Experiment 1

Data for 48 participants (subject) reading 168 sentences (item) that either contained the correct target word, a homophone, or an orthographic control word.

  • The surfers traveled to the world-famous beach/beech/bench where the waves were very large.

ffd = first fixation duration, sfd = single fixation duration, gzd = gaze duration, gpt = go-past time, tvt = total time, skp = fixation probability (inverse of skipping), rgi = regression-in probability, rgo = regression-out probability.

## 'data.frame':    7698 obs. of  12 variables:
##  $ subject  : Factor w/ 48 levels "1","2","3","4",..: 1 1 1 1 1 1 1 1 1 1 ...
##  $ item     : Factor w/ 168 levels "1","2","3","4",..: 1 2 3 4 5 7 8 9 10 11 ...
##  $ condition: Factor w/ 3 levels "1","2","3": 1 2 3 1 2 1 2 3 1 2 ...
##  $ ffd      : int  265 158 NA NA 198 NA 230 NA NA NA ...
##  $ sfd      : int  265 158 NA NA 198 NA 230 NA NA NA ...
##  $ gzd      : int  265 158 NA NA 198 NA 230 NA NA NA ...
##  $ tvt      : int  265 158 NA 173 198 NA 230 NA NA NA ...
##  $ gpt      : int  265 158 NA NA 198 NA 230 NA NA NA ...
##  $ skp      : int  1 1 0 0 1 0 1 0 0 0 ...
##  $ rgi      : int  0 0 0 1 0 0 0 0 0 0 ...
##  $ rgo      : int  0 0 0 0 0 0 0 0 0 0 ...
##  $ Condition: Factor w/ 3 levels "Control","Homophone",..: 3 2 1 3 2 3 2 1 3 2 ...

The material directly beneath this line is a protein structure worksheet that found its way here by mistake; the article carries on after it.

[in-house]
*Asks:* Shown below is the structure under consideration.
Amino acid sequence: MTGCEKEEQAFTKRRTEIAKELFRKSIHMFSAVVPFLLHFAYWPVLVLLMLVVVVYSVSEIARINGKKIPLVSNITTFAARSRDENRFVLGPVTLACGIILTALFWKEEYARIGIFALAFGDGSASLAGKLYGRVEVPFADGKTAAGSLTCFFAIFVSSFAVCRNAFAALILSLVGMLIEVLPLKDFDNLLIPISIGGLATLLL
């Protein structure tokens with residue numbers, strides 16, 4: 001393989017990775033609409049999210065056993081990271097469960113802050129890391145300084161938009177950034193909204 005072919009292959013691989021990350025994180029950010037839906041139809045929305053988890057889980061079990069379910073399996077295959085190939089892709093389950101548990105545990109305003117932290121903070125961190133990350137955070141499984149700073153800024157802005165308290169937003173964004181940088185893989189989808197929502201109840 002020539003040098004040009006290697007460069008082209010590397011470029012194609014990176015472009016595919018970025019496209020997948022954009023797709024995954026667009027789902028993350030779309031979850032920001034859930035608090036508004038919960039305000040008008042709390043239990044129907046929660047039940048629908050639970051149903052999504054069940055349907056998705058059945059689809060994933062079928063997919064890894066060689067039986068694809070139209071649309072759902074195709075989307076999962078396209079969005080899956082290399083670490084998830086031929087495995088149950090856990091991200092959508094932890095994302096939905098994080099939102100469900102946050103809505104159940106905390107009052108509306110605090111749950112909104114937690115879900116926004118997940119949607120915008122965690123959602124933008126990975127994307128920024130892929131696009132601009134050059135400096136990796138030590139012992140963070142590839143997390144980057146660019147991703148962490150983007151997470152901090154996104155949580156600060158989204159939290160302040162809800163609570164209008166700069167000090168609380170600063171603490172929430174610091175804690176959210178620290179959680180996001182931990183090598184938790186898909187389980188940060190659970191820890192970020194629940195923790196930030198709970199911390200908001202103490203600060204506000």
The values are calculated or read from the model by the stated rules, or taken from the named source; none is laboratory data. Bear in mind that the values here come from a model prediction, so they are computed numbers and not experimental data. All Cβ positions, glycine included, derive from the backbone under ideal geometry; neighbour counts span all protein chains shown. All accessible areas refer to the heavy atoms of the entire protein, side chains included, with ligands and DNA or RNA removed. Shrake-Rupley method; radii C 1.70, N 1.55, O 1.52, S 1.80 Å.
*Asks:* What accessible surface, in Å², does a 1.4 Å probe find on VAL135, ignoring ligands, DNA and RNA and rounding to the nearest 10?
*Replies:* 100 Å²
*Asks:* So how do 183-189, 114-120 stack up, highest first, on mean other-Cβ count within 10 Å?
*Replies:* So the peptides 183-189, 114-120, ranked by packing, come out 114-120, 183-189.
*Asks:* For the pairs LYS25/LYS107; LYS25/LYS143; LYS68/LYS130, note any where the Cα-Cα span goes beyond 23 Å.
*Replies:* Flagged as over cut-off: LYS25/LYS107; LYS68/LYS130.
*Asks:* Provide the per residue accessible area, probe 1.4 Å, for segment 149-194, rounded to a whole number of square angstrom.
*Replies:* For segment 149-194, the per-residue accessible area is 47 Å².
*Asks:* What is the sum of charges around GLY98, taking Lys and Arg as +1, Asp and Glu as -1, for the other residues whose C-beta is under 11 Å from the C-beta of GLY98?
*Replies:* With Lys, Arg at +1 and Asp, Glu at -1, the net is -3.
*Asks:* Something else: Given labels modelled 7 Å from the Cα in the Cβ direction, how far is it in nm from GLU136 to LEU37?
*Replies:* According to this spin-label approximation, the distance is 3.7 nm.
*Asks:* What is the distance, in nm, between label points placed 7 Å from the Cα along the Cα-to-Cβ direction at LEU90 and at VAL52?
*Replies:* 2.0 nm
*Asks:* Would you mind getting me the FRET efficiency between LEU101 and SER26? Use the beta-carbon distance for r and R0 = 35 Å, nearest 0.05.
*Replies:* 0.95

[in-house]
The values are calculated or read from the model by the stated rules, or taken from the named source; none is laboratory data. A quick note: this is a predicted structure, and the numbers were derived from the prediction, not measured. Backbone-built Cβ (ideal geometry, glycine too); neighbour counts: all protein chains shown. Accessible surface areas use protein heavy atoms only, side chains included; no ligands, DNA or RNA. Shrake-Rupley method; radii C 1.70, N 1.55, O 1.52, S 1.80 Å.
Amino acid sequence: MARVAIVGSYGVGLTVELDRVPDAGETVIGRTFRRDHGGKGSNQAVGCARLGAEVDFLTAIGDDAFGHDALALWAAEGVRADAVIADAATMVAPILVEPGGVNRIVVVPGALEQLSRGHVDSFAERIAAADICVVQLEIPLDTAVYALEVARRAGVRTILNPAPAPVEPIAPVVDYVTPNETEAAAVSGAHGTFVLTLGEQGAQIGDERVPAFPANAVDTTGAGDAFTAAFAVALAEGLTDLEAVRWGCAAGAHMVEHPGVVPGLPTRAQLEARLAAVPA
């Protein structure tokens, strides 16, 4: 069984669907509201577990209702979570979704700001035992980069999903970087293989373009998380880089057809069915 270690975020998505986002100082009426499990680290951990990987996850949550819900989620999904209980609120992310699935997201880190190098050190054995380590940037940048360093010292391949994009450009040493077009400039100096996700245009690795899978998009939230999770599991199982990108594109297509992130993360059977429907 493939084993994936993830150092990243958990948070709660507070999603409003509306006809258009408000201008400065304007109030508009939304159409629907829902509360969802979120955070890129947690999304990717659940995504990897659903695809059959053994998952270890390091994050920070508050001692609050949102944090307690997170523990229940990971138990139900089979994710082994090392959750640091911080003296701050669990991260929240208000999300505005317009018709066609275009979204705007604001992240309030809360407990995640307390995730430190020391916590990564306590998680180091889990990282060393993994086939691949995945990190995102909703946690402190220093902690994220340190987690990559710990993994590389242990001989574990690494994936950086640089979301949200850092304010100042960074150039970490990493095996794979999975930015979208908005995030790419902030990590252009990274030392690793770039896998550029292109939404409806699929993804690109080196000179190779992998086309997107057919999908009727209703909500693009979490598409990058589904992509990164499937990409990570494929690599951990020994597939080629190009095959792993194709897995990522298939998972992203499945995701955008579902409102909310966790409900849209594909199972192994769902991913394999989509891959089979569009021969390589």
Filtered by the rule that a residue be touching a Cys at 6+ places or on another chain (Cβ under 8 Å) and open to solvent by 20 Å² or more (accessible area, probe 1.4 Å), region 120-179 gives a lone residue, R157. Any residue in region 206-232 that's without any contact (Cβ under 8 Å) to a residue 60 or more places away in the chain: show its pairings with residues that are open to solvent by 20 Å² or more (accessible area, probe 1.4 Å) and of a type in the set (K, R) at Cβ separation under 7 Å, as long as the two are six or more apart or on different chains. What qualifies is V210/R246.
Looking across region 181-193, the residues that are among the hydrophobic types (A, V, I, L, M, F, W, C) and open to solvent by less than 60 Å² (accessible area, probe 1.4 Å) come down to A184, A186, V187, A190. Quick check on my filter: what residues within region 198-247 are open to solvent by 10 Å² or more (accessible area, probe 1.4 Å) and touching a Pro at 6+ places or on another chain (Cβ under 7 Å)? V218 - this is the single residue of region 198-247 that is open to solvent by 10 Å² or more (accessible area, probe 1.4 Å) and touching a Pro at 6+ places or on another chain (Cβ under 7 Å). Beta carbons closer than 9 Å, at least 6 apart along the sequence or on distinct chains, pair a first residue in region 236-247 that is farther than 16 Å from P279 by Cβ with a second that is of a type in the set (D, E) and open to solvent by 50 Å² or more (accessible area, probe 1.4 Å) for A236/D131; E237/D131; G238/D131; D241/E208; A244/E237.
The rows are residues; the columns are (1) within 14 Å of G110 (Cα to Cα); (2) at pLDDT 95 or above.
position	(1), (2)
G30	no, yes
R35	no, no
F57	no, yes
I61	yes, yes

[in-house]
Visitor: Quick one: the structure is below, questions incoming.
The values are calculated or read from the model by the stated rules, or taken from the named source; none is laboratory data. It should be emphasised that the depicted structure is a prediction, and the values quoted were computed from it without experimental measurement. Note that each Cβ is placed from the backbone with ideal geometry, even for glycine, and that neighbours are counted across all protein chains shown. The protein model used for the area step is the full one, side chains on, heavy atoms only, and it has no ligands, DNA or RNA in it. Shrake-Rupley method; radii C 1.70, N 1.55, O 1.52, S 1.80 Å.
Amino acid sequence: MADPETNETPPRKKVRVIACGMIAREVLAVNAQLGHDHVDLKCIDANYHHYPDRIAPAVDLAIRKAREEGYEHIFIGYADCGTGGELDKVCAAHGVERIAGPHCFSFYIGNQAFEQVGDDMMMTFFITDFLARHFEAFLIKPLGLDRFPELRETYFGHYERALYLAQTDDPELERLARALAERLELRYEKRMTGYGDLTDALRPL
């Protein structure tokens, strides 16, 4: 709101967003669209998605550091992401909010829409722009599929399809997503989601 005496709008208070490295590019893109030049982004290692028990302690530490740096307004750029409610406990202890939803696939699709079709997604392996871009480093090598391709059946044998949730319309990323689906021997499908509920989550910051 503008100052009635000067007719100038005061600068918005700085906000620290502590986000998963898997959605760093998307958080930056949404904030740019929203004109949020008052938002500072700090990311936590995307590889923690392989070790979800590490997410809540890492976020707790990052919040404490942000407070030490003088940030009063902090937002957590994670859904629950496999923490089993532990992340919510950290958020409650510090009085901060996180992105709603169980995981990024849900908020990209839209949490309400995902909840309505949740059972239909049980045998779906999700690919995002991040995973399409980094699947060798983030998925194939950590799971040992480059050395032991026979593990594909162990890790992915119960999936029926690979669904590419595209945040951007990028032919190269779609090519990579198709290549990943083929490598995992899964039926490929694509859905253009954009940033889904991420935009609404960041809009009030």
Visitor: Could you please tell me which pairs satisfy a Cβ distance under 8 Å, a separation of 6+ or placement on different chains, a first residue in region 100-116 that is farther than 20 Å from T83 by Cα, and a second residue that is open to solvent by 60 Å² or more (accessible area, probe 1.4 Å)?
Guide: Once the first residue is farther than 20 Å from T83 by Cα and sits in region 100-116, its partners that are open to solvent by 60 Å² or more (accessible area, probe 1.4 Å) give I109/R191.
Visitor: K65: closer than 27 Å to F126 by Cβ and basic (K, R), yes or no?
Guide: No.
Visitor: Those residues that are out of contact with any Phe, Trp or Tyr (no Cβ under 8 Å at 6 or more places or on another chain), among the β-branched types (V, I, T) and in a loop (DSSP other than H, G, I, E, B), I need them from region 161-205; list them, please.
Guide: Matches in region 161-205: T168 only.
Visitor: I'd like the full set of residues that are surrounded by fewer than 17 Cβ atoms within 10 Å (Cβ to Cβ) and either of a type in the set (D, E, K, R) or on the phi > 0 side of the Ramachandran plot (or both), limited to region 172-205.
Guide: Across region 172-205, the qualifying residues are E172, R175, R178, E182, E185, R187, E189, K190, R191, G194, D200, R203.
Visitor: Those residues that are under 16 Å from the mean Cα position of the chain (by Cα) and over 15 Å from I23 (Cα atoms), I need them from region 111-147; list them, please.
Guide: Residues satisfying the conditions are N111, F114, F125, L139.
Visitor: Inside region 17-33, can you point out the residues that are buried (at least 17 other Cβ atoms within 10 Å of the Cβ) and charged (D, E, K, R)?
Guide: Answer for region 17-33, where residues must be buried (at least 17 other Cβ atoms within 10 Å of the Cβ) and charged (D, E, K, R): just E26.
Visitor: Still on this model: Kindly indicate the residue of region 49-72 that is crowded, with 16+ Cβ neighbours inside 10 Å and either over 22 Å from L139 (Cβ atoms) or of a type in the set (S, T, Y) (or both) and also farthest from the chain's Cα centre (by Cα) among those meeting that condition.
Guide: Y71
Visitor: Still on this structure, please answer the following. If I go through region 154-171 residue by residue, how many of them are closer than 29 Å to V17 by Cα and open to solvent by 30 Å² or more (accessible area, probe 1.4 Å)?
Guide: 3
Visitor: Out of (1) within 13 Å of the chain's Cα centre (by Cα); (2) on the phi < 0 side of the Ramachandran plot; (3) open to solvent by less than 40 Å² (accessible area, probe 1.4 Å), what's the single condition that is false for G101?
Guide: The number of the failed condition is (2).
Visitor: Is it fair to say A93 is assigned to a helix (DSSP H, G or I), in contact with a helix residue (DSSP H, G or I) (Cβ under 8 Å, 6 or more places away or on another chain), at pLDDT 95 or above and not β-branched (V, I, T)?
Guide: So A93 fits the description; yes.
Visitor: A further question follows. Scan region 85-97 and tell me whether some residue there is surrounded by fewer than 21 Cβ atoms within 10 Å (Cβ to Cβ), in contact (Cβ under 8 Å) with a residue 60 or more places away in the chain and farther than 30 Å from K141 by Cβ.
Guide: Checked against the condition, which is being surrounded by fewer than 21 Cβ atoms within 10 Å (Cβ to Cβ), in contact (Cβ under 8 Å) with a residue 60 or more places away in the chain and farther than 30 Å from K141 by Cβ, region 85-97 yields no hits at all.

##   subject item condition ffd sfd gzd tvt gpt skp rgi rgo Condition
## 1       1    1         1 265 265 265 265 265   1   0   0    Target
## 2       1    2         2 158 158 158 158 158   1   0   0 Homophone
## 3       1    3         3  NA  NA  NA  NA  NA   0   0   0   Control
## 4       1    4         1  NA  NA  NA 173  NA   0   1   0    Target
## 5       1    5         2 198 198 198 198 198   1   0   0 Homophone
## 6       1    7         1  NA  NA  NA  NA  NA   0   0   0    Target

Means & Standard Errors for Exp. 1

byCond <- group_by(data, Condition)
stats.m<-summarize_if(byCond,is.numeric,funs(mean), na.rm=TRUE)
stats.se<-summarize_if(byCond,is.numeric,funs(std.error), na.rm=TRUE)
stats.m
## # A tibble: 3 x 9
##   Condition   ffd   sfd   gzd   tvt   gpt   skp   rgi    rgo
##   <fct>     <dbl> <dbl> <dbl> <dbl> <dbl> <dbl> <dbl>  <dbl>
## 1 Control    245.  249.  276.  436.  361. 0.671 0.361 0.119 
## 2 Homophone  241.  244.  266.  372.  325. 0.668 0.264 0.0998
## 3 Target     225.  226.  239.  272.  280. 0.662 0.121 0.0736
stats.se
## # A tibble: 3 x 9
##   Condition   ffd   sfd   gzd   tvt   gpt     skp     rgi     rgo
##   <fct>     <dbl> <dbl> <dbl> <dbl> <dbl>   <dbl>   <dbl>   <dbl>
## 1 Control    2.27  2.53  3.17  6.56  6.59 0.00929 0.00949 0.00639
## 2 Homophone  2.13  2.36  2.84  5.64  5.21 0.00932 0.00872 0.00593
## 3 Target     1.86  1.94  2.23  3.53  4.19 0.00931 0.00643 0.00514

Figure of early measures for Exp. 1

Because it's easier to visualize on a figure than in a table, here are the earliest measures where you can see that readers spent the least amount of time fixating (i.e., processing) the correct target, the most amount of time fixating the orthographic control word, and an intermediate amount of time fixating the homophone--demonstrating an advantage for processing a phonologically related word over a word that shares the same number of letters (i.e., is physically similar).